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California gunman who killed five, including ex-wife, had recently divorced

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A gunman who killed five people in Bakersfield, California, and then took his own life was recently divorced and may have forced his ex-wife to accompany him to a trucking business before shooting her and other victims, authorities said on Thursday.

Javier Casarez, 54, may have planned whom he was going to target in Wednesday evening’s shooting spree, but his exact motive remains unclear, Kern County Sheriff Donny Youngblood told a news conference.

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Detectives had a lot of work to do investigating the incident, which unfolded over half an hour within an area of several city blocks, said the sheriff, who has called such mass shootings the “new normal” in the United States.

Last week, a gunman killed three people at a bank in downtown Cincinnati before he was shot to death by police.

“We’re seeing this across the nation, people taking handguns and shooting people with more than one victim at a time,” Youngblood said on Thursday, adding: “It’s just something that I hope we don’t become immune to.”

The attack in Bakersfield, a community of 375,000 people about 90 miles (145 km) north of Los Angeles, began at a trucking business where Casarez showed up with his ex-wife, Petra Maribel Bolanos De Casarez, 45, police said.

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It was unclear what Casarez did for a living, but there may have been some connection between his family and the trucking business, Youngblood said.

Casarez pulled out a .50-caliber handgun, a large weapon, and shot an employee, then fatally shot his wife, Youngblood said.

He then chased another man from the trucking company and fatally shot him in front of a nearby sports store.

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His next stop was at a nearby house, where he killed a man and the victim’s adult daughter, who may have tried to protect her father, Youngblood said. Casarez appears to have known that household, the sheriff said.

Casarez then commandeered a vehicle from a woman, taking the car without harming her or a child who was with her, Youngblood said.

“It made us believe the others (victims) were targeted for a specific reason,” he said.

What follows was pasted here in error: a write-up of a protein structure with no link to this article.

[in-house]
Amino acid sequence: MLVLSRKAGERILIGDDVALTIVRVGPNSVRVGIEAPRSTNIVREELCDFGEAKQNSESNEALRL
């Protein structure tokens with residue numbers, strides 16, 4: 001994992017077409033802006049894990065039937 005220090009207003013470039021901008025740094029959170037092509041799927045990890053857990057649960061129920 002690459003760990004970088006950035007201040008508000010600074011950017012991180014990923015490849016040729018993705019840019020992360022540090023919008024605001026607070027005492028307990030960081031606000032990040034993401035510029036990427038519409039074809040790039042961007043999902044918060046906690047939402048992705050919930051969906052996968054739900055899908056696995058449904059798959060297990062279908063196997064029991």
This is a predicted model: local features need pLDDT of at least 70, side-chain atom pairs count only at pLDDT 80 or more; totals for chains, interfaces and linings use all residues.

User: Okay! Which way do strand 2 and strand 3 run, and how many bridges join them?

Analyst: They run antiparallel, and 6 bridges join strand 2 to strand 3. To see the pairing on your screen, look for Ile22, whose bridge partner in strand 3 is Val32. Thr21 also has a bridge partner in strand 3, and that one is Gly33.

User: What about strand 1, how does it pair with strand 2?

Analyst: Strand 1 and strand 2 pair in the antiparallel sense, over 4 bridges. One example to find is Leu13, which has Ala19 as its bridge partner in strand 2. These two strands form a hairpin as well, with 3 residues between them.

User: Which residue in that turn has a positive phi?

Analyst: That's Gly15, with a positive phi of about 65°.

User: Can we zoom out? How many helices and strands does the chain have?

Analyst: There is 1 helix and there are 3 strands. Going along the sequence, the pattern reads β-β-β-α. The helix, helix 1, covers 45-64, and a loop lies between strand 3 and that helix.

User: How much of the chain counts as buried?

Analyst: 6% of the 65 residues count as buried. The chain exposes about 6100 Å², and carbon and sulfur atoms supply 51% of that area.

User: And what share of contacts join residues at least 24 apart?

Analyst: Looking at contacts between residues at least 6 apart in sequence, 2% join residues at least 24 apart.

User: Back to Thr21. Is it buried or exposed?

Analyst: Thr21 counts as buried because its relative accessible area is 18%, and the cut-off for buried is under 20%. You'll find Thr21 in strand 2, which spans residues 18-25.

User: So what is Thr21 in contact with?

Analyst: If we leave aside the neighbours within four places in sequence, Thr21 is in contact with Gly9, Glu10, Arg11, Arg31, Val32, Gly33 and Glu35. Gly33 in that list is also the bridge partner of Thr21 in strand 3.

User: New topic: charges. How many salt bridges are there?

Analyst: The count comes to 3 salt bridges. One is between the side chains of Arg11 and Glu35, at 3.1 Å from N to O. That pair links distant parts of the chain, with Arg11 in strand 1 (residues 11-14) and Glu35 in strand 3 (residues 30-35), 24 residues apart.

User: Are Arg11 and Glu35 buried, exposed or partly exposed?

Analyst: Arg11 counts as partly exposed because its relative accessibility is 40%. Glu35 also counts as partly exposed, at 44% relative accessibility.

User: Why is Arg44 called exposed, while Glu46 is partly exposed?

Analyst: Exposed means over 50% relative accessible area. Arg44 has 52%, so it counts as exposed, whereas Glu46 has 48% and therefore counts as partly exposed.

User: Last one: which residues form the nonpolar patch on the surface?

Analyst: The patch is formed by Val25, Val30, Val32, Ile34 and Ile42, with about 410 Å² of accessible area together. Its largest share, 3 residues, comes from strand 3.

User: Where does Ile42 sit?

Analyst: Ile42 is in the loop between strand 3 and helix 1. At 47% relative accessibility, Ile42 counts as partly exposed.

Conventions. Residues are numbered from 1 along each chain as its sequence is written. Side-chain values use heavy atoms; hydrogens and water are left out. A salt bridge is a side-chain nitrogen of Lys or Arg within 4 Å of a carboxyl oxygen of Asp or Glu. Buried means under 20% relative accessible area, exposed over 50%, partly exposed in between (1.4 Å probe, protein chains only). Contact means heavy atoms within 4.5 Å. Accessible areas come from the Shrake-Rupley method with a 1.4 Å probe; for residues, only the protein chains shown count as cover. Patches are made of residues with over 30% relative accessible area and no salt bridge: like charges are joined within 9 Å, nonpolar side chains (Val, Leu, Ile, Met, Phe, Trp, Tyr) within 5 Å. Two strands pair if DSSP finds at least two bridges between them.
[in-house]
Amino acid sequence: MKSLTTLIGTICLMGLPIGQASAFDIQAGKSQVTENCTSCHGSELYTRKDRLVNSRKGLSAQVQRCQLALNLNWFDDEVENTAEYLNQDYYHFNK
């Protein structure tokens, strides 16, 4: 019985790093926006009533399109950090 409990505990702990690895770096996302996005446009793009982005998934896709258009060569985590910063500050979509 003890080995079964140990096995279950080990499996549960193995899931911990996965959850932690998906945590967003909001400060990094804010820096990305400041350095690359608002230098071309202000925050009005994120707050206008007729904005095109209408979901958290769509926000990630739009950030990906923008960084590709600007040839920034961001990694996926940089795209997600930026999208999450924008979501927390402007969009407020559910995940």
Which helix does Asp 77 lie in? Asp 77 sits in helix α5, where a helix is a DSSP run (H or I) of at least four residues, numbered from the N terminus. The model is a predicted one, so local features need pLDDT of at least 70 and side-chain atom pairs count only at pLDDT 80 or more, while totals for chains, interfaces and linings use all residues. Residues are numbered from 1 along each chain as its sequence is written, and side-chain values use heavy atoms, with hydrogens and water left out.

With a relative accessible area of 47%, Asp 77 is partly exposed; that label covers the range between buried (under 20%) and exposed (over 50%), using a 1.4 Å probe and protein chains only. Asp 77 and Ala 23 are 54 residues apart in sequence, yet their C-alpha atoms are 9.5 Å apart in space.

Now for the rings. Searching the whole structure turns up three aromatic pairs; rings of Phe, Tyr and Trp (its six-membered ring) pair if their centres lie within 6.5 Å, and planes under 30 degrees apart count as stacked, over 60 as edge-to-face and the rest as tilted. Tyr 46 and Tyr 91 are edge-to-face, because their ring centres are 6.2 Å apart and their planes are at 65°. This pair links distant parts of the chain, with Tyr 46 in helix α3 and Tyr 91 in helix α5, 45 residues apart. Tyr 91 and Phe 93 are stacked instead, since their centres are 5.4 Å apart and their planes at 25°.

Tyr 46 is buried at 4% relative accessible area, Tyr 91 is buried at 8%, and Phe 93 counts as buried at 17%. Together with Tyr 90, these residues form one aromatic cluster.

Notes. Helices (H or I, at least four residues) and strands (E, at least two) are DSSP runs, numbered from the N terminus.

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Casarez then drove into the parking lot of a friend’s business, where a sheriff’s deputy confronted him and he shot himself to death, Youngblood said.

Additional reporting by Brendan O’Brien in Milwaukee; Editing by Peter Cooney


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USA mystified by ’15 Donald Trumps’ jibe at Rugby World Cup

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USA coach Gary Gold said he was mystified by a comment from England's Eddie Jones that the Eagles would play like "15 Donald Trumps" when they meet at the Rugby World Cup.

"I've absolutely no idea what he means by that," Gold said, ahead of Thursday's game in Kobe.

"We're just a team that's really got to focus on our own processes at the moment. We've got to worry about what we do when we get onto the rugby field.

"At this stage, with all due respect, we're not a good enough rugby team to be making comments or answers to questions like that. I don't know what it means."

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‘Absolutely disgusting’: Trump slammed for trolling Greta Thunberg climate speech

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US President Donald Trump stirred up fresh outrage on social media Monday with a tweet mocking an impassioned speech made by 16-year-old activist Greta Thunberg at the UN climate summit in New York.

Her voice shaking with emotion in an address that was the defining moment of the summit, Thunberg accused world leaders of betraying her generation by failing to act on rising emissions, repeating the words "how dare you" four times.

"You have stolen my dreams and my childhood with your empty words, and yet I'm one of the lucky ones," she said. "People are suffering. People are dying."

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Japan refers US military pilot to prosecutors over Osprey crash

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Japanese authorities on Tuesday referred the case of a US military pilot to prosecutors over the 2016 crash of an Osprey aircraft that fuelled sentiment against a US base on Okinawa island.

The crash did not kill anyone and only caused injuries to two of the five crew members aboard the US Marine MV-22 Osprey.

The Pentagon described the December 2016 crash as a "mishap", which saw the plane end up in shallow water off Okinawa.

But Japanese coast guard officials on Tuesday referred the case to prosecutors on suspicion that the pilot had been flying too fast, causing the crash, a coast guard spokesman said.

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